Some people define passive income as money you earn while sitting on a beach sipping a good drink. But don't let the word "passive" mislead you, because there is usually a lot of upfront work involved. Passive or residual income is money you earn while not being actively involved after an initial investment of time and/or money. Some methods require you to have some cash to spend initially, while other ideas don't require any spending at all. Here are some suggestions on how you too can generate passive income.
passive income 2019
Holly Johnson, a professional freelance writer who earns over $200,000 per year creating online content, is another successful entrepreneur who is doing well with course sales. Johnson launched her Earn More Writing freelance writing course in 2017 and has sold over 700 courses for $199 each since then. In January of 2019, she also launched a “Pro” version of her course that retails for $349. She sold 40 on the first day.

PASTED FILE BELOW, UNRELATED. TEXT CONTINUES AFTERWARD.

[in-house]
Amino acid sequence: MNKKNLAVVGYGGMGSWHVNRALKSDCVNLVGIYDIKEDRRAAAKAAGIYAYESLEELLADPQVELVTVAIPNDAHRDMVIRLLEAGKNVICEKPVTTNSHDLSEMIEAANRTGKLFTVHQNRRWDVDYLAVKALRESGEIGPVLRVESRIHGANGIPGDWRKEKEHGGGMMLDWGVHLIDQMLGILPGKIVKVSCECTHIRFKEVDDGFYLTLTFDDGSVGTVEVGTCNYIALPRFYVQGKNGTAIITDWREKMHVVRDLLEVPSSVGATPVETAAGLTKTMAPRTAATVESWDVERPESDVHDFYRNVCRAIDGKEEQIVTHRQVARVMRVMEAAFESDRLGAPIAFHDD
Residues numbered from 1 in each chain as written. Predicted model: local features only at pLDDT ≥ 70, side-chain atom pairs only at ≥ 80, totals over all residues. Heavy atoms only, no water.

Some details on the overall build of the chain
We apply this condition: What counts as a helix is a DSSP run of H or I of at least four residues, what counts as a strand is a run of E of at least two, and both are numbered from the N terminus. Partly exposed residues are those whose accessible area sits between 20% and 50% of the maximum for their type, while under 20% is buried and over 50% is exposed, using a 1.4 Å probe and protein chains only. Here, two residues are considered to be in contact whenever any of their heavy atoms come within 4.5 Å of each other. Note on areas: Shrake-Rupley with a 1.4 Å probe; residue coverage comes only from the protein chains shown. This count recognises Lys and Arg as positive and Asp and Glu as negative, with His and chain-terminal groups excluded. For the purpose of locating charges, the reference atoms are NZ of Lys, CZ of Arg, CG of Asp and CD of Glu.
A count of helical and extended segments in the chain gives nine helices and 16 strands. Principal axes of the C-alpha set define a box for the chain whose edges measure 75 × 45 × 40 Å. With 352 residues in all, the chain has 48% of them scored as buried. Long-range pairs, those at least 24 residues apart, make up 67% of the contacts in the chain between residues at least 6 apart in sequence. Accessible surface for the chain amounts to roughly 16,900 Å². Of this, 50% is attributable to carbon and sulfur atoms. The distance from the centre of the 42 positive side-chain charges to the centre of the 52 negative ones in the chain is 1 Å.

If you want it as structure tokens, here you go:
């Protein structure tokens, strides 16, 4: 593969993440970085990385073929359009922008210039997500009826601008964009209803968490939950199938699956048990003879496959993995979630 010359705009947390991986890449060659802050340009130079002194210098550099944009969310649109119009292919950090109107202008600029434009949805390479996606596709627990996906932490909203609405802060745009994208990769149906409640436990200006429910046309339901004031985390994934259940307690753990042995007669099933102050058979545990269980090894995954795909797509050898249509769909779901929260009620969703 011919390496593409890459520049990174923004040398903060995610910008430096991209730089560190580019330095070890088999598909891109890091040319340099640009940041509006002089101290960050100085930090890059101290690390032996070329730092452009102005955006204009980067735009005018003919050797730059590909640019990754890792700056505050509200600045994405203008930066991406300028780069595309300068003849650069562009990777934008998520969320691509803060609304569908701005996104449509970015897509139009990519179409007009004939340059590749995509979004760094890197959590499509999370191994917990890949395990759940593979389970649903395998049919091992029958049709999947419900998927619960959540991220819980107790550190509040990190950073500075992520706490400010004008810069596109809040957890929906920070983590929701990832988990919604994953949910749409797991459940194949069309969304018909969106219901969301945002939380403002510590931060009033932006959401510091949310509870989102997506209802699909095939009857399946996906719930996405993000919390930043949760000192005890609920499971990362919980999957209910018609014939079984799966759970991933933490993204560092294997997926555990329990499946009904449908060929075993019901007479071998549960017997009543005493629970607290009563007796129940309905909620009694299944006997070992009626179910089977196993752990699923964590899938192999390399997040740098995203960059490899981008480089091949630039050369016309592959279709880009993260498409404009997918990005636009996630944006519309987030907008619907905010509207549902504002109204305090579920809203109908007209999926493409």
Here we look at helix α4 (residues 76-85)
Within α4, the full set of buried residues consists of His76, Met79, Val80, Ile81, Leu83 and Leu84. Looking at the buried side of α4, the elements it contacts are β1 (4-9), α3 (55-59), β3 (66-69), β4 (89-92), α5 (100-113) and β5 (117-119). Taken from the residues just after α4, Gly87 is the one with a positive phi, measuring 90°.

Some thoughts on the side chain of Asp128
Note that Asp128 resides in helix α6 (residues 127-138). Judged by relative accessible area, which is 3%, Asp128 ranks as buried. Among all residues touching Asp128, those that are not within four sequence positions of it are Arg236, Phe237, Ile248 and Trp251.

passive income portfolio
Reinvest your earnings. You can grow your portfolio even more by reinvesting your dividends. This means that when you receive a dividend payment, instead of keeping the money, you use it to purchase more shares in the company. Consider doing this every time you receive a dividend until you need to live on the passive returns (perhaps at retirement). Your equity and in turn your dividend payments will continue to build during this time.
I don’t look at Checkout 51 before I go grocery shopping. I just do it after I grocery shop so that I don’t get influenced by their product coupons. A lot of the coupons are for non-produce goods, but for certain things like diapers, it really saves money because I can stack my coupons (e.g. $2.00 print out coupon, and then another $3.00 from Checkout 51 for a total of $5 off the economy box of diapers).
How can I earn extra income?
Rental properties are defined as passive income with a couple of exceptions. If you’re a real estate professional, any rental income you’re making counts as active income. If you’re “self-renting,” meaning that you own a space and are renting it out to a corporation or partnership where you conduct business, that does not constitute passive income unless that lease had been signed before 1988, in which case you’ve been grandfathered into having that income being defined as passive. According to the IRS’s Passive Activity and At-Risk Rules, “It doesn’t matter whether or not the use is under a lease, a service contract, or some other arrangement.”